Unfortunately, I can't say the same for her friends, Lindsay, Elody and Ally. There were glimpses for each of them, Lindsay especially, that showed a deeper insight into their characters, but not enough to affect me in any way. I would have liked to have seen more - some change in their characters, too. I would also have like to see some more moments with Sam's family. Even though we see the same day repeating itself throughout the book, there could perhaps have been more insights that happened according to Sam's behaviour. We see a little more depth to Sam's mum, but again, not enough for me to really appreciate it. Having said that, I loved Sam's little sister, Izzy. Despite the age gap, Izzy is in some ways wiser than her sister.

"Do - do the other kids ever make fun of you? For how you talk?"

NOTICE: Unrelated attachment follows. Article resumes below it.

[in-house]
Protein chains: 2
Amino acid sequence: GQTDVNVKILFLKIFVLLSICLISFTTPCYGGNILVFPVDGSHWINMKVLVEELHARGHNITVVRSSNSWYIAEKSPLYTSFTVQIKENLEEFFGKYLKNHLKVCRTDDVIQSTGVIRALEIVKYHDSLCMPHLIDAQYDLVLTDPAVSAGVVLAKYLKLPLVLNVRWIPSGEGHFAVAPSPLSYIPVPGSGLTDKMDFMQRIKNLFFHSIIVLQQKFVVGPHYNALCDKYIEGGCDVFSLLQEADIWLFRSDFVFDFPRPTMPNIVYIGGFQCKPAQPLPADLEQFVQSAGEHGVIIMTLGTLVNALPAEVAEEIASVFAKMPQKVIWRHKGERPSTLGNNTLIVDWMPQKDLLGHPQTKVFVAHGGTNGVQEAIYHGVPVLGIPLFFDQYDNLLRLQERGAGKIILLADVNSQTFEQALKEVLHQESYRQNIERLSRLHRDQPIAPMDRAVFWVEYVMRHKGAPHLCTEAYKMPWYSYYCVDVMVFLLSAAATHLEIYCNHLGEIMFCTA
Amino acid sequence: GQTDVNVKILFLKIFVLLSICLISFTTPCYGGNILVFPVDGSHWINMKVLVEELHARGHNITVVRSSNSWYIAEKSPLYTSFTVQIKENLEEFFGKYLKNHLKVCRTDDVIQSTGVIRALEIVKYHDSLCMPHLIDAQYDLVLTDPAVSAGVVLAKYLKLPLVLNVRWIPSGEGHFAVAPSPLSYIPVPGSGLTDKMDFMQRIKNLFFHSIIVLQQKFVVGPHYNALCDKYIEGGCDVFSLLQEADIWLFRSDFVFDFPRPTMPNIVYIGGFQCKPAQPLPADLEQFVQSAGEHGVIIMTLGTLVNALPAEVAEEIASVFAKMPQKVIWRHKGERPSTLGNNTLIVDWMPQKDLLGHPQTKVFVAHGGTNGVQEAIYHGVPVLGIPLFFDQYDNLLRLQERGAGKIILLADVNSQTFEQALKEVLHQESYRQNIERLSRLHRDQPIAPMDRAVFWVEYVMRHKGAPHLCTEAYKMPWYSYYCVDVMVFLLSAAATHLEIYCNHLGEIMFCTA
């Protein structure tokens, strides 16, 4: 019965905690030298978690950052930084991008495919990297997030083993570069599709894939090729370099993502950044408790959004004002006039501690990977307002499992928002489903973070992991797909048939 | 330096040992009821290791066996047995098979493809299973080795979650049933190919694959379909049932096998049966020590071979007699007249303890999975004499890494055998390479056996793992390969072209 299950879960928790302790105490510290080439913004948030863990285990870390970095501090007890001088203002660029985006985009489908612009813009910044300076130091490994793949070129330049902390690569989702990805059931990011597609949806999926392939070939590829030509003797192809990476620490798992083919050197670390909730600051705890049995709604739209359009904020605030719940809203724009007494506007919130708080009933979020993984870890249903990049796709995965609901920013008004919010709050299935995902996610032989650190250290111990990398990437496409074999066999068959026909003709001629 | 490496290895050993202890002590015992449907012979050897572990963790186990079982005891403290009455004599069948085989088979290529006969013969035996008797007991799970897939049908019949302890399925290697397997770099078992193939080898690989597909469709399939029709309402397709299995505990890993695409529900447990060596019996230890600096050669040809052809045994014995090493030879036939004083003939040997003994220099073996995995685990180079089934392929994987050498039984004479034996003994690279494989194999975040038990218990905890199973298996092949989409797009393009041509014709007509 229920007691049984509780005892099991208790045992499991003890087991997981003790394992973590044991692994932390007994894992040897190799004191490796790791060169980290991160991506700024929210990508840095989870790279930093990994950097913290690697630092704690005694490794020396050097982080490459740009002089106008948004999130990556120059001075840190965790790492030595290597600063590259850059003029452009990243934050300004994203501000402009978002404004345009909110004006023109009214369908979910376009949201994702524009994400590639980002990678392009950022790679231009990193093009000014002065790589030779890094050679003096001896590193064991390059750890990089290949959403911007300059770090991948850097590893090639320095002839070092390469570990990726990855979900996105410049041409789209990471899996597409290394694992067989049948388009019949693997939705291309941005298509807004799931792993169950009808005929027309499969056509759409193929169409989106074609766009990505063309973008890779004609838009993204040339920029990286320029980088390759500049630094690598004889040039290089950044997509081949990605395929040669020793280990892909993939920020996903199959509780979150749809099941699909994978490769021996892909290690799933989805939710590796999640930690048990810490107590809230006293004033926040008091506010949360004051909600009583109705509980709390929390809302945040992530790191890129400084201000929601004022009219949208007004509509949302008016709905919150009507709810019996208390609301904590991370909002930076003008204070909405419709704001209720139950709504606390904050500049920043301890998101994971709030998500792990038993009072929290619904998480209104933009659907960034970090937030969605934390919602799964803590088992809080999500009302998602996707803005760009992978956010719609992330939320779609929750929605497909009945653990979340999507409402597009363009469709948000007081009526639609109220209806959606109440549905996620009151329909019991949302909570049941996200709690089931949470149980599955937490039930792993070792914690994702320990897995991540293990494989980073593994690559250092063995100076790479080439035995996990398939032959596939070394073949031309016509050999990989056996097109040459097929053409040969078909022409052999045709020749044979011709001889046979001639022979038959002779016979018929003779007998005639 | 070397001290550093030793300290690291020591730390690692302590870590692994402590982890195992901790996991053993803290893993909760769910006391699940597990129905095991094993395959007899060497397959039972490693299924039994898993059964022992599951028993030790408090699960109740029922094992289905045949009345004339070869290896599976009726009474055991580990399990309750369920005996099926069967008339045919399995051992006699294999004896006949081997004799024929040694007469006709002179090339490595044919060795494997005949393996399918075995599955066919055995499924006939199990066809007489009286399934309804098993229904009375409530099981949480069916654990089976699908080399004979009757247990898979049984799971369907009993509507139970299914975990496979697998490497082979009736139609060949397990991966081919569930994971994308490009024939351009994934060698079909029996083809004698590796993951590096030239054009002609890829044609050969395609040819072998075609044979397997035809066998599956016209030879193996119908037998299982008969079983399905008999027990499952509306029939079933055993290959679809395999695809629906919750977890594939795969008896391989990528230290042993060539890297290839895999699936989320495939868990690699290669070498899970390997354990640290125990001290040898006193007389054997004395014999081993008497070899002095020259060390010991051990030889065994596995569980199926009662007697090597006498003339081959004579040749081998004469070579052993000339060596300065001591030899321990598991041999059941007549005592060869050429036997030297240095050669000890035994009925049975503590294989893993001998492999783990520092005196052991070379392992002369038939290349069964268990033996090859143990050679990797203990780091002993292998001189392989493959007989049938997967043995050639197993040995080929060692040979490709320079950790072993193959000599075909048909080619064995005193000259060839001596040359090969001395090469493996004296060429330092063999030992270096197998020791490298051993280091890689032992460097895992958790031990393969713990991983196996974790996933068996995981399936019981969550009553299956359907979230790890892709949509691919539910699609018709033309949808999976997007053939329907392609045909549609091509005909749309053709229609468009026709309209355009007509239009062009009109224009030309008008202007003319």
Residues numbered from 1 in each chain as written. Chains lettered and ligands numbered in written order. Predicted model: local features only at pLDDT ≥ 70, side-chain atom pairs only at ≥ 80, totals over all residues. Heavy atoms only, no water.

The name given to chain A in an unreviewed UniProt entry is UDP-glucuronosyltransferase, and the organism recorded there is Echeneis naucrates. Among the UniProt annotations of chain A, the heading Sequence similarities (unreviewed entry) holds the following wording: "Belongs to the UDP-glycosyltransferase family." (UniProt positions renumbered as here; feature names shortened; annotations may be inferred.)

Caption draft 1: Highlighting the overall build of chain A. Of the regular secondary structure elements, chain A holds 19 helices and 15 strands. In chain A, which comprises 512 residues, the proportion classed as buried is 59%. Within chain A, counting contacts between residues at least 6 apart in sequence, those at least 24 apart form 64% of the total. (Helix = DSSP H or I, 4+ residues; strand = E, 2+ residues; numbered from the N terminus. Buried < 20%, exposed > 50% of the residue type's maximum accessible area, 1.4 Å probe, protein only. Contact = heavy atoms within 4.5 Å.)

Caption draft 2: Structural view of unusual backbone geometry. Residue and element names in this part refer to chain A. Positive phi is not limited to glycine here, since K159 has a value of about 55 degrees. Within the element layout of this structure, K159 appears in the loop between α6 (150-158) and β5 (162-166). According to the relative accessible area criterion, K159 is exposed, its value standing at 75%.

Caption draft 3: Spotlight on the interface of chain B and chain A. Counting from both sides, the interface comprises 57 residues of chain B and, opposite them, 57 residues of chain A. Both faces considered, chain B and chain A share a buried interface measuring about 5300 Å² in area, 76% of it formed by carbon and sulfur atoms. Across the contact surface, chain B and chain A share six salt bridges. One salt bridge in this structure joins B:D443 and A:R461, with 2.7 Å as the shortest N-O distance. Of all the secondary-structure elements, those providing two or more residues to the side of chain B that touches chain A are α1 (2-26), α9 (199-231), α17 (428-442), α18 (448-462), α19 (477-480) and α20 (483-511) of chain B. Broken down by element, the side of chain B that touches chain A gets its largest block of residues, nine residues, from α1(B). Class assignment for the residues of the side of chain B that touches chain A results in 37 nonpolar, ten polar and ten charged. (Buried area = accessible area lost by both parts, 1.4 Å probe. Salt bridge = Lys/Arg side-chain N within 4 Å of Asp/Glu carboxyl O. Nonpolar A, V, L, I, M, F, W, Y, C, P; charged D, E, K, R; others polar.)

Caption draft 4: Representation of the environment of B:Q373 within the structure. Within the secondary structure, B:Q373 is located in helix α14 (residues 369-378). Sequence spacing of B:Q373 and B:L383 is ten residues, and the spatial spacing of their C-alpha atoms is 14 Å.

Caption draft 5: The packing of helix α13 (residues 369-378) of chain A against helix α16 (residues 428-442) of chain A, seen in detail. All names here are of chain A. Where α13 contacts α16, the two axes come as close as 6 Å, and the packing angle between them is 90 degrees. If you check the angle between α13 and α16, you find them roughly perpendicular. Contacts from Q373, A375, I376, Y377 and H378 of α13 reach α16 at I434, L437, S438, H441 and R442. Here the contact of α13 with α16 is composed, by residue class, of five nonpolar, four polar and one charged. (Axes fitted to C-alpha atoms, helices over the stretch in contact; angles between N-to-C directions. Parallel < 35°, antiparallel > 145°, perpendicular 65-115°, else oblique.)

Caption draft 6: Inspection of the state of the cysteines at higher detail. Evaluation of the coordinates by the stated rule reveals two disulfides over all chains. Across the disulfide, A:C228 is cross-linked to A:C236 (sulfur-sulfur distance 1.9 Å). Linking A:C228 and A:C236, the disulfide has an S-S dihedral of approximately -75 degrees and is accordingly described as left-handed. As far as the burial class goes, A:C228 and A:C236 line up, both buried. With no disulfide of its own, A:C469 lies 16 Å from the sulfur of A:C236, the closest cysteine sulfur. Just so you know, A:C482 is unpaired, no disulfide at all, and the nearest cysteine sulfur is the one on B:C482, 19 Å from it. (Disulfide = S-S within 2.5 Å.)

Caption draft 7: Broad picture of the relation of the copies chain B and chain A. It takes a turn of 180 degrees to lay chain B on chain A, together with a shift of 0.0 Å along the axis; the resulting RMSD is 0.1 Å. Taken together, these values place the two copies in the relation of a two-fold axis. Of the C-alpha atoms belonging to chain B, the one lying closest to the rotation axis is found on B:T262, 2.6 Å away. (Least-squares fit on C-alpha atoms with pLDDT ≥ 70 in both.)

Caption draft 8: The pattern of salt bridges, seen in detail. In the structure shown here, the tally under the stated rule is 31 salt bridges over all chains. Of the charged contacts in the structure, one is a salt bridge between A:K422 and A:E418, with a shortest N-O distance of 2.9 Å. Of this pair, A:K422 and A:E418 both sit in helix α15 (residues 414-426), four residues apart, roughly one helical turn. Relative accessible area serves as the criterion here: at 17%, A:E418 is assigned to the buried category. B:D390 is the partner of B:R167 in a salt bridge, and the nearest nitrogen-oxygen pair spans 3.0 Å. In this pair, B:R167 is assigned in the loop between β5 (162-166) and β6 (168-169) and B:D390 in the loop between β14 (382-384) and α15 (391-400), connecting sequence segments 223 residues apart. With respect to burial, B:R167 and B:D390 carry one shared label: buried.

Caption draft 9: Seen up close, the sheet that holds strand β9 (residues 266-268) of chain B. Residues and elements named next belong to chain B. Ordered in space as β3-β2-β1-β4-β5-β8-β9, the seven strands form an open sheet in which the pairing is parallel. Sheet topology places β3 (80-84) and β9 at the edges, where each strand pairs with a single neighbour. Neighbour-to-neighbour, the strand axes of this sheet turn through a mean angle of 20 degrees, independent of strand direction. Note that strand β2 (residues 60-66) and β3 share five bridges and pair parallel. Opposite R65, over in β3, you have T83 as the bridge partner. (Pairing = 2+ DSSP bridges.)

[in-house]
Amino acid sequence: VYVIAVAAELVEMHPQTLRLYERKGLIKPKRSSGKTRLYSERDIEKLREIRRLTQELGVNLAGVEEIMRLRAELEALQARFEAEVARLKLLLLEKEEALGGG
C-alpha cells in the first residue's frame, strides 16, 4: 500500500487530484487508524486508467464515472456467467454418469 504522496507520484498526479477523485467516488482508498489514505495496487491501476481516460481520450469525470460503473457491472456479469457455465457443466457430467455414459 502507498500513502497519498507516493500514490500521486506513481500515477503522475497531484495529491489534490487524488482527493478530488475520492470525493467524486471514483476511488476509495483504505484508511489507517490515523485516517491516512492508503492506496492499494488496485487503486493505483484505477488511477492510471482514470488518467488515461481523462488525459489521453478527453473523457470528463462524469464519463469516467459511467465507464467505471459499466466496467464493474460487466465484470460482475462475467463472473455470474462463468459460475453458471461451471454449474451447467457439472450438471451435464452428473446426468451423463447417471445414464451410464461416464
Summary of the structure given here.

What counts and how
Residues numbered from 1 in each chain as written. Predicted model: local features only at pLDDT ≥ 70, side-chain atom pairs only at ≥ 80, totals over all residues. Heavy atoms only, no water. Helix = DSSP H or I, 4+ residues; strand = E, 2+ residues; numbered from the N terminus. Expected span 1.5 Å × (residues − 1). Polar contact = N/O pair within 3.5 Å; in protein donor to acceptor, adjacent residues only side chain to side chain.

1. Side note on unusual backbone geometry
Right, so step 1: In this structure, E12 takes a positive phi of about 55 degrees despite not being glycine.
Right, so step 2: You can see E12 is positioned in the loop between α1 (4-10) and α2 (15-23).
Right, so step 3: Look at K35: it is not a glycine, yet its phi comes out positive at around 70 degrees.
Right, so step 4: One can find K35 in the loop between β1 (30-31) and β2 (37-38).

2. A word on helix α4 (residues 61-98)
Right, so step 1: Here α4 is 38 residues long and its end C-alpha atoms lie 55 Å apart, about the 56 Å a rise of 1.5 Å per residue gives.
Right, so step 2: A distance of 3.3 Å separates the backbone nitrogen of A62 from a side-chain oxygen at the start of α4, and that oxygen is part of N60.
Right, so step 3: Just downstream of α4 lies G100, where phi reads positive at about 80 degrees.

I feel her stiffen underneath her layers and layers. "Sometimes."
"So why don't you do something about it?" I say. "You could learn to talk differently, you know."
"But this is my voice." She says it quietly but with insistence. "How would you be able to tell when I was talking?"

At this point Sam is starting to pick up on things, but there's so much she still doesn't get. It's moving to see how wise Izzy can be. I loved seeing Sam appreciate her more and wanting to spend time with her; the development of their relationship was really sweet, as was that between Kent and Sam. He's quiet, but intense, present and true. He loves Sam, yet is not afraid to be honest with her. As he says, he sees right through her.

Without a doubt, the best thing about this book is the writing. Lauren Oliver knows exactly which words to use to wrench the emotions out of you, and she knows how to describe things beautifully. I love her ability to pinpoint an exact emotion, thought, moment. Her contrast between Sam's typical teen observations and her more thoughtful realisations made me appreciate the writing even more. It got me thinking about the truth of those realisations and about how well Oliver seems to know about life. We do things every day, perform actions, say words, without thinking about the impact or consequences they may have. And that's really what this book explores.